I have a dream. That one day soon, I will find a path in life, where I can have my highlights, and unbridled individually too. It's just around the corner. I can feel it.

Wednesday, October 13, 2010

My Husband Is Coming Home

    I need to vent. My husband is coming home. He has been gone for five glorious weeks, vacationing in his native country in Eastern Europe. While you may think I should be jumping for joy, I'm not. Marriage has been tough--on both of us. 
 I was a happy, independent, single girl when we met, and had been for ten years after going through a bad divorce, or two. My husband had never been married and spent much of his life roaming the around the world living the life of Riley. He had just the right amount of machismo to attract a strong woman like myself, but what I didn't know was he had extra ounce or two of hidden in his back pocket. And, while he was initially attracted to my independence, once we married, he tried to put me on a leash. The important word here is "tried." I may have rope burns on my neck, but he is holding onto an empty leash.  His mother warned us, in a language that I didn't understand, that our relationship would never work out. "Two lame donkeys can find each other in any part of the world," she huffed, shaking her head as we disagreed with her. All I have to say about that is, "hee-haw." .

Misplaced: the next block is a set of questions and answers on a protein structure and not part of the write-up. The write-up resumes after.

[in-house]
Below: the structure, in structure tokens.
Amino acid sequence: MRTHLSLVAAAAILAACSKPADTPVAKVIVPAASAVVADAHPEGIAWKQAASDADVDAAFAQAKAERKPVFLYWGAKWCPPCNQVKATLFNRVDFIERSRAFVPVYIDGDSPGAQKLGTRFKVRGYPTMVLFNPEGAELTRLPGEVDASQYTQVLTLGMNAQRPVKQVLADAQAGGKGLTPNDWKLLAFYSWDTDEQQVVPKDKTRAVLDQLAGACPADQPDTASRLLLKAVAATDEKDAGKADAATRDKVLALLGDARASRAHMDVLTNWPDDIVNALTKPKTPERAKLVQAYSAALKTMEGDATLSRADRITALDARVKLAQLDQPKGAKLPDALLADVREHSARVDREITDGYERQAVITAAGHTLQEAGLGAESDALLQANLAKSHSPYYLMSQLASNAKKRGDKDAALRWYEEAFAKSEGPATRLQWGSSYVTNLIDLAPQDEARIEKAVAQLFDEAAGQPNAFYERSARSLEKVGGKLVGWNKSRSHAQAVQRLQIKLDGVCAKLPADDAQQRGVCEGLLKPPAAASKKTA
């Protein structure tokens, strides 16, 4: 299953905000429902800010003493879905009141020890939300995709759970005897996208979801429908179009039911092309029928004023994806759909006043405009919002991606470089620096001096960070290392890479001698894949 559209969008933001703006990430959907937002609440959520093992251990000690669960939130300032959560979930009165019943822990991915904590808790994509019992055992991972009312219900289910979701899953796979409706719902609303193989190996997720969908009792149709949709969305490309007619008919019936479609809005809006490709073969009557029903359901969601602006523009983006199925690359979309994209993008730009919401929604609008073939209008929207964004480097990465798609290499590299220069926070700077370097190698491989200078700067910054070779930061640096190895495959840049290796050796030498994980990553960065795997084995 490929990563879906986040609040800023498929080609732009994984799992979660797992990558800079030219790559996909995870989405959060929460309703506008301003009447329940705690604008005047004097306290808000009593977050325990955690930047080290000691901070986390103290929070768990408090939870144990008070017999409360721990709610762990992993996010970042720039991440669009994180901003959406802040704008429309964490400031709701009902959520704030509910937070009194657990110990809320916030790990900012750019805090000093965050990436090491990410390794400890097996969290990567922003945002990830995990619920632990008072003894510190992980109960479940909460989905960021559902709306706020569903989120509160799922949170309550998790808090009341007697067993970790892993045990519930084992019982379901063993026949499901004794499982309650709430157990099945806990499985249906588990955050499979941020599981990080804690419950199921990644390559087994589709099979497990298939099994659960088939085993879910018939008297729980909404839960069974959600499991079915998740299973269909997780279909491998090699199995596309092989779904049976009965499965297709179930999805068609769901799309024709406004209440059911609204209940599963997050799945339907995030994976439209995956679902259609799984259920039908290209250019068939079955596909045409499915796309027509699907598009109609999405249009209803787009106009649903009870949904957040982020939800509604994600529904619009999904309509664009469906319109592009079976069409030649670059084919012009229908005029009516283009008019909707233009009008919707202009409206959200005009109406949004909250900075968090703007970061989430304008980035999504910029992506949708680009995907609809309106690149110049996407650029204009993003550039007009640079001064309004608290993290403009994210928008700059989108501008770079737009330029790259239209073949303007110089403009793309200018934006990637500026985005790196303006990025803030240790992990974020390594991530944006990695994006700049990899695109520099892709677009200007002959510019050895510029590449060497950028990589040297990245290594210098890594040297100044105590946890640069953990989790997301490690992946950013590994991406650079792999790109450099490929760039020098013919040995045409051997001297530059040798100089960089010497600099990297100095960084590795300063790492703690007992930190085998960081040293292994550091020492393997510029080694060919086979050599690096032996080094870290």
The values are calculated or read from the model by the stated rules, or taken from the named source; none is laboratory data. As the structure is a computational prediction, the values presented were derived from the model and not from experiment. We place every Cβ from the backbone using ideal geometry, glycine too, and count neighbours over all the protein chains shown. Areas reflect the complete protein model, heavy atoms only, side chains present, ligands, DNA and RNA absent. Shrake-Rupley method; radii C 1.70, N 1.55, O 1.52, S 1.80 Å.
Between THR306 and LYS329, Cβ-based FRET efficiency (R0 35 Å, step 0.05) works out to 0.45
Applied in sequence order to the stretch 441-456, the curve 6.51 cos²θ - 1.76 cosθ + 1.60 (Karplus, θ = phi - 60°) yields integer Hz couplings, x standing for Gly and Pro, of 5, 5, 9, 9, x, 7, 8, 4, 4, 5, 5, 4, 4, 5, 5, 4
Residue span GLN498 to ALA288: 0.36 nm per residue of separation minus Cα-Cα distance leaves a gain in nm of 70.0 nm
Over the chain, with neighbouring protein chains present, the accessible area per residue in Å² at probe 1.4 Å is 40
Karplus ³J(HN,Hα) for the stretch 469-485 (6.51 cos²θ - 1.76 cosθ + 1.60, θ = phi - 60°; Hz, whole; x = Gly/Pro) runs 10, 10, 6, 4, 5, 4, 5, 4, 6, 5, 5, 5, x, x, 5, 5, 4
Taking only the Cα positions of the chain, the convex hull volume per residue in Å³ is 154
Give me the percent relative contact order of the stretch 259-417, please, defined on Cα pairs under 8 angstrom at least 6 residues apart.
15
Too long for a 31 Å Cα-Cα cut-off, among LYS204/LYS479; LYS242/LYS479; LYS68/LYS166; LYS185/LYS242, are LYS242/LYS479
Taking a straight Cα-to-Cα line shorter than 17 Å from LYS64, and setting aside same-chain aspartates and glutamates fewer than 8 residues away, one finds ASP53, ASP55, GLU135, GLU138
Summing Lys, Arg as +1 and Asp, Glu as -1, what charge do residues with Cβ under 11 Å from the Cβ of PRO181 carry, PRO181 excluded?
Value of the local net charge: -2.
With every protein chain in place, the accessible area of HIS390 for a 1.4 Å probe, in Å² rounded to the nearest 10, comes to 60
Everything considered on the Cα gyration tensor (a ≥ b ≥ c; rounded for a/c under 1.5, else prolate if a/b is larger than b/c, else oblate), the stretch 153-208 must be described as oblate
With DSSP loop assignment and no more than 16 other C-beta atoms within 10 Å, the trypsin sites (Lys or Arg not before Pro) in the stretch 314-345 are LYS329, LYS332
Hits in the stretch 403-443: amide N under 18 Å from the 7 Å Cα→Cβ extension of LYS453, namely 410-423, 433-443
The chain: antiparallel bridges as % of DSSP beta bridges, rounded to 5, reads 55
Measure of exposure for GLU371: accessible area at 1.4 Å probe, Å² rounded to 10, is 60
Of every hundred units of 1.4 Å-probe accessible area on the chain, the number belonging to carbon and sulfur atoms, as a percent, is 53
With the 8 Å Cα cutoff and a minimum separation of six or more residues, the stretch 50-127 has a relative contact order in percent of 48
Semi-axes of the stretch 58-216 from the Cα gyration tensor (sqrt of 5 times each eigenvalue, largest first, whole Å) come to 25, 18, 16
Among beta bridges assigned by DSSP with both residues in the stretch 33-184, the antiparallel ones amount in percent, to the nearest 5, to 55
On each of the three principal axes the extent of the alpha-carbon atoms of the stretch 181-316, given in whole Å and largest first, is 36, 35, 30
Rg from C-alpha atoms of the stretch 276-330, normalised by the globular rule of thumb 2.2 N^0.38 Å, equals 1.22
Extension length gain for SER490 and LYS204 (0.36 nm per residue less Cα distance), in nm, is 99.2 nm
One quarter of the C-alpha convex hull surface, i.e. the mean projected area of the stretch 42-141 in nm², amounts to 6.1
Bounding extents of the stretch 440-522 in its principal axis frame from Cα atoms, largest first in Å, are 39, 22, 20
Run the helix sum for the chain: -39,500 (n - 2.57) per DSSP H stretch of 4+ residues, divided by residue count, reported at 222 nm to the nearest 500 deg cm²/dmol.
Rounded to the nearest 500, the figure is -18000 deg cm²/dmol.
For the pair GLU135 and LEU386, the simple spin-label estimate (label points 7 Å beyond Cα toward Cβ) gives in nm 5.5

My married life has been a never ending power struggle. My husband and I wake up arguing, and end the night the same way. Our fights are about crazy insane stuff. For instance, one time, my husband invited a cousin from his native country to come stay with us--indefinitely. Did I mention that he neglected to inform me of his plans until a few days before the guy arrived on our doorstep even though I pay at least half of all the bills? Hmm...My husband knew how I felt about anyone staying for more than two weeks. 
 Anyway, the cousin arrived, and on his first night stated to me in broken English that he was just gonna to hang out for six months or so. A job wasn't necessary since he was just visiting and not going to pay for anything. Did I mention he was forty-five years old and intended to bring his wife and two kids two months later after school let out?